Summary:This article includes several ideas on recruitment, resource gathering, and scheduling that can lead to successful writing retreats, as well as a discussion of the value of bringing together colleagues over time to work on their writing. Through this example, retreat planners can see how nurturing teacher creativity leads to better classroom instruction.
“A typical middle or high school teacher comes in contact with 80 to 150 adolescents per day. An early childhood or elementary teacher guides twenty to thirty young children six hours a day for an entire year. These teachers deal with learning disabilities, adolescent angst, boyfriend/girlfriend problems, and fears about not getting into the right college. They see the pressures of unexpected pregnancy, student homelessness, family green card and visa problems, court appearances, violence in the neighborhood, and the sudden death of a parent. Though ‘manage daily emotional crises’ appears nowhere in the curriculum guide, every good teacher knows that dealing with them is essential to successful instruction.”
— Joe Check, former director of the Boston Writing Project
It has happened at each retreat so far. Someone is bound to say it—”Kristy, you’re like our mom” and “You take such good care of us!” My initial response is to be flattered—”taking care” of retreat participants is my main objective, as well as minding the needs of these teachers so that they can focus solely on themselves. But occasionally when I reflect on these comments, I cringe.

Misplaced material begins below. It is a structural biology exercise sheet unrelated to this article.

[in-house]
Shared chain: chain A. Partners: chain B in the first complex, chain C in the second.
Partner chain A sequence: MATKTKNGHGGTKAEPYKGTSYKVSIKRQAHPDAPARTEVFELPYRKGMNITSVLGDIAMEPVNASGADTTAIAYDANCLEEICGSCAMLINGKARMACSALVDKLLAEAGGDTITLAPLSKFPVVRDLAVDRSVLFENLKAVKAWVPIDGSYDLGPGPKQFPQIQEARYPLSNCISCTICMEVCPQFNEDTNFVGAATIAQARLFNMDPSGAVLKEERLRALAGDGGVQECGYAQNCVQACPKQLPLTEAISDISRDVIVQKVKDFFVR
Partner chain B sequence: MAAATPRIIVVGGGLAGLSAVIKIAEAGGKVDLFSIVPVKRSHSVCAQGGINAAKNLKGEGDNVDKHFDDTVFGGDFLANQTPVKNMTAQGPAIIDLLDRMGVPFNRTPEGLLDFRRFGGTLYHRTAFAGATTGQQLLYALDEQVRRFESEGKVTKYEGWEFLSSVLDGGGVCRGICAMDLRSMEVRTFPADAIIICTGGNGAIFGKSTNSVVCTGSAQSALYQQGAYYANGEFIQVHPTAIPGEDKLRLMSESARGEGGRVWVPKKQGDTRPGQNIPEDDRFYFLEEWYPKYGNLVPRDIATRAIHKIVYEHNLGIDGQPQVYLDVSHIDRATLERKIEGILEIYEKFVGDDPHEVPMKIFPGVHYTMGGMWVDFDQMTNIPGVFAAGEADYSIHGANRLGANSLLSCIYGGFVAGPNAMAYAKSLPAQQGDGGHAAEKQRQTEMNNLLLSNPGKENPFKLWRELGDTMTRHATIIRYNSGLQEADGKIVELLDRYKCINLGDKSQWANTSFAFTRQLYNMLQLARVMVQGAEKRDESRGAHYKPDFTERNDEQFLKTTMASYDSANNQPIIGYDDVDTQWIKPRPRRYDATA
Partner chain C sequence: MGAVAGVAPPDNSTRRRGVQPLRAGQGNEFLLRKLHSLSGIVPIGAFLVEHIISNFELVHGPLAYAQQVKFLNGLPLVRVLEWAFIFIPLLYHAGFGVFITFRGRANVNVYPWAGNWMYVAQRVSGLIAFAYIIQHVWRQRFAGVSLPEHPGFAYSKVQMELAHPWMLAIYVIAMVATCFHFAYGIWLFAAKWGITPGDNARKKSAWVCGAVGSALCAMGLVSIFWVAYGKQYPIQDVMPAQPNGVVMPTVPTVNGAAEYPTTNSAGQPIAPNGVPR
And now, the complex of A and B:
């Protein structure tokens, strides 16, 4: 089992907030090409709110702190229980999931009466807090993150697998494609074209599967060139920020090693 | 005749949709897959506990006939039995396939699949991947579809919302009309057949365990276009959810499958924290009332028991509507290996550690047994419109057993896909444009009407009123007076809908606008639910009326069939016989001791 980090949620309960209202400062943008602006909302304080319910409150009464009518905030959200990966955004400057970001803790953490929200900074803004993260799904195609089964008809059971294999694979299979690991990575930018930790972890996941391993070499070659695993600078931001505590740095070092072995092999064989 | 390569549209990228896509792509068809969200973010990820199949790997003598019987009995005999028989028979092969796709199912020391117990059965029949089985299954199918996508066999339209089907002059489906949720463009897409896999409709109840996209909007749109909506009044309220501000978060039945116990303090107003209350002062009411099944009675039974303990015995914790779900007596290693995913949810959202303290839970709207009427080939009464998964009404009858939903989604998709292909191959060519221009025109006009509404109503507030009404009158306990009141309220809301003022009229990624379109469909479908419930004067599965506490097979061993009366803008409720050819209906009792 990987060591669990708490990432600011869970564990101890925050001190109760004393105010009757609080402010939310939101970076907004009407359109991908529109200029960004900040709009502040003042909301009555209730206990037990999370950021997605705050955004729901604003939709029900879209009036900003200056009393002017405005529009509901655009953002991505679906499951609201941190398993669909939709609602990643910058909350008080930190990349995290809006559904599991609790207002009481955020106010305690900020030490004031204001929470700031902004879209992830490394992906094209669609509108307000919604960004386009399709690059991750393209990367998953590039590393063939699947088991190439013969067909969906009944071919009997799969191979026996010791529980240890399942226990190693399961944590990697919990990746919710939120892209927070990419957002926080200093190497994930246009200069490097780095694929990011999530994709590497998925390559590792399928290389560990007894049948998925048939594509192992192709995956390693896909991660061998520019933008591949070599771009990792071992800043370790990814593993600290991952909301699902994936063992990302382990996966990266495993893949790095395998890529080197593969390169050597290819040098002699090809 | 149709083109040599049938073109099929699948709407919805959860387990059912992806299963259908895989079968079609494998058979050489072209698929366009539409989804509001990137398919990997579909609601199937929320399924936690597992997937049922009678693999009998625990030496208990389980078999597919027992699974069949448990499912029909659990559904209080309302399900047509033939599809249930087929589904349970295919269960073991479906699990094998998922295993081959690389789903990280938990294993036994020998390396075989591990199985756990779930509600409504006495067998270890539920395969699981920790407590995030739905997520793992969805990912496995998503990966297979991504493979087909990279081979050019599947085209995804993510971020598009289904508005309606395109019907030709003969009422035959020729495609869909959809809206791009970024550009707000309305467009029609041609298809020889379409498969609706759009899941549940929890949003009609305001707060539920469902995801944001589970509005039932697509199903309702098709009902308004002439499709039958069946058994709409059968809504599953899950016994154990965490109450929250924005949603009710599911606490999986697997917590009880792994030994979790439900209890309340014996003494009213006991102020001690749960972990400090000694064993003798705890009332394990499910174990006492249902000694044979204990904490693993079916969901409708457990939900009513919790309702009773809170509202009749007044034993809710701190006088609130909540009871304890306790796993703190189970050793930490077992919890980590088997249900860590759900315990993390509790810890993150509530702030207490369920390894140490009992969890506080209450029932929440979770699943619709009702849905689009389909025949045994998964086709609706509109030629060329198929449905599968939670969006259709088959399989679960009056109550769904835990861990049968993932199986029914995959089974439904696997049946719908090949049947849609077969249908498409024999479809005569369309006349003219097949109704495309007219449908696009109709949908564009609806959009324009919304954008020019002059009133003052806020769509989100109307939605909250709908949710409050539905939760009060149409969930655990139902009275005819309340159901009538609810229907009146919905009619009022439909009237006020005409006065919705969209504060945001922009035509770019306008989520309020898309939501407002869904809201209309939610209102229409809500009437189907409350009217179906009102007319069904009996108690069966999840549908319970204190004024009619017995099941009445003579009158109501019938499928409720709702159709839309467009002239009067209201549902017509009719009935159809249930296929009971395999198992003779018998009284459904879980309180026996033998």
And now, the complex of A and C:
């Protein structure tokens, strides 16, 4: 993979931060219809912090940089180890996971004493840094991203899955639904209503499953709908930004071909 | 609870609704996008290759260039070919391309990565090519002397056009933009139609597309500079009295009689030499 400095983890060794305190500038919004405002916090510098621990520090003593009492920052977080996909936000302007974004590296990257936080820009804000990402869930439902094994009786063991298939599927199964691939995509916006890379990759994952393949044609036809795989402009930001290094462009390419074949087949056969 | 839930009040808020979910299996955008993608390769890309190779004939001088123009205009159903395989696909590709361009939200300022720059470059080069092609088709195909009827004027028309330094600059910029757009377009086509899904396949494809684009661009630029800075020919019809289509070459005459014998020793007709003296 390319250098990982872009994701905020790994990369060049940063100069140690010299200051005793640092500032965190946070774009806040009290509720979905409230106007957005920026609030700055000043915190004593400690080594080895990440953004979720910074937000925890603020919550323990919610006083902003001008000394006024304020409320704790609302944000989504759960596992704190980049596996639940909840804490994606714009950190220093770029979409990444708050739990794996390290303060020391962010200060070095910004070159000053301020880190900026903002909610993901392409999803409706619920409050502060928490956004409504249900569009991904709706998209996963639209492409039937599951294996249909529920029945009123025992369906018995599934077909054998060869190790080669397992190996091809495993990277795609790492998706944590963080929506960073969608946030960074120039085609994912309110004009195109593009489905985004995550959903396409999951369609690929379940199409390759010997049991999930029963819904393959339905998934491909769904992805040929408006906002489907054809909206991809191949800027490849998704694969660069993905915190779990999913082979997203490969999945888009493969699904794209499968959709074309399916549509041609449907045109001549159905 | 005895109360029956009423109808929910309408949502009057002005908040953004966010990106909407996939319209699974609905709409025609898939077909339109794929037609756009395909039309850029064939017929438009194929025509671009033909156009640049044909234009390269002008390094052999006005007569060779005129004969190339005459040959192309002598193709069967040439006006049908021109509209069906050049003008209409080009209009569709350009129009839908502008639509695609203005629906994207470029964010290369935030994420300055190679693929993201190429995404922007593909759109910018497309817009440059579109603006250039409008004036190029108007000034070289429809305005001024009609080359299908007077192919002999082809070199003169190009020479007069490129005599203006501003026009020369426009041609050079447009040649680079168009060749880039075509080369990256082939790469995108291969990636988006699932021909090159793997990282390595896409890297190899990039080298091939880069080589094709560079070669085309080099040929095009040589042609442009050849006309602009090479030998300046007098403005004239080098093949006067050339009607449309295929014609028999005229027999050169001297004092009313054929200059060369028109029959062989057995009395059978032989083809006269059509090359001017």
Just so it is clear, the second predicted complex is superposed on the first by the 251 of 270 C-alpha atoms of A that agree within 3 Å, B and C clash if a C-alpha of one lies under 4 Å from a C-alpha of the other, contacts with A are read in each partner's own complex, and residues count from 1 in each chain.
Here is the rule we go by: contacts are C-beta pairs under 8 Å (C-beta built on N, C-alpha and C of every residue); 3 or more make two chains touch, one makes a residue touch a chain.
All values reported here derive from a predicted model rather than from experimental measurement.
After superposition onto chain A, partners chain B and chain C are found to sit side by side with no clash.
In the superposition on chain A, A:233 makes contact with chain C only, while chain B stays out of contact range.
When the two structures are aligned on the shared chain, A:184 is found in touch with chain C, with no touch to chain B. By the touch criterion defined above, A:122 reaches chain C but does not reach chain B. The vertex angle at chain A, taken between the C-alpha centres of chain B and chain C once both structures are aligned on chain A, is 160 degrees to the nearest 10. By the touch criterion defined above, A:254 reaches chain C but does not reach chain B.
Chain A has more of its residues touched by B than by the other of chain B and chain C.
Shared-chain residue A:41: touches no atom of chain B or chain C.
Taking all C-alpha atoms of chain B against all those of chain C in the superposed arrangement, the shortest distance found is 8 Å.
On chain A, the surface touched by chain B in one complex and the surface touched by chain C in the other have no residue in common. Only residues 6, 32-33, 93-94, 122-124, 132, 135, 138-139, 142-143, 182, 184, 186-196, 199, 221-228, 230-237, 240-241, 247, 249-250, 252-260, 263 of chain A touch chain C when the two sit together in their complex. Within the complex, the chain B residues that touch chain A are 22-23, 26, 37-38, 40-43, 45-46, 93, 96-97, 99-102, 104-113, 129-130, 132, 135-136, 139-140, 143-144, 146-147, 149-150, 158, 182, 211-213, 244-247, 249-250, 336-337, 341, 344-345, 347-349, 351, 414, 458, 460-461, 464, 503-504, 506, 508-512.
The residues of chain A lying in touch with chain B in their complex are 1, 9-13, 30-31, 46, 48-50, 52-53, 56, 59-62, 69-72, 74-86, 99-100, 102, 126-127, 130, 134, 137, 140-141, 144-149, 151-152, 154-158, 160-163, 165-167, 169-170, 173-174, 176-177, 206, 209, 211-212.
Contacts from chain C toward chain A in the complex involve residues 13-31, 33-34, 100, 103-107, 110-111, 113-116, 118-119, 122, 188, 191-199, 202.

- How can I justify a “because it feels good” writing retreat?
- How does the act of nurturing teachers translate to better instruction in the classroom?
- Why is meeting the very human, emotional needs of the participants important?
- What else does the retreat accomplish?
Joe Check points out the often-ignored emotional component of the teaching profession. The unspoken, most important duties of a teacher require large amounts of emotional energy. Without strength in this area, a teacher can feel limp and frustrated. Summer months are a time with great restorative potential. Attending a writing retreat is one way to recharge teachers’ emotional batteries.
In a time of test score pressures and budget cuts, the field of education focuses on the end result. Although the personal benefits of a retreat can hardly be measured in a traditional way, the professional results are the same for any National Writing Project experience. Participants add new dimensions to their own identities as writers. This leads to better writing instruction in the classroom and improves student writing, and, ultimately, the test scores of those students, not to mention experiencing what it’s like to have more than a forty-minute period to concentrate on one task. And with that time and space comes creativity.
Reignite the Fire
As a retreat facilitator for my local Writing Project site, I am fascinated by the ways a writing retreat transforms a teacher’s personal and professional writing life. A well-executed retreat reignites the fire of the Summer Institute and here’s why: the objectives of a successful writing retreat are at the heart of every Summer Institute. It’s all about nurturing creativity, building camaraderie, and boosting confidence.
According to author/educator Sir Ken Robinson, there just isn’t enough creativity happening in our schools. And it’s not just our students’ creativity that is important; the most effective teachers are also the most creative, and that is no coincidence. Being surrounded by friends and feeling fully engaged in the writing process sounds like a recipe for confident writers. Isn’t that exactly what we want for the students in our own classrooms?
If You Build It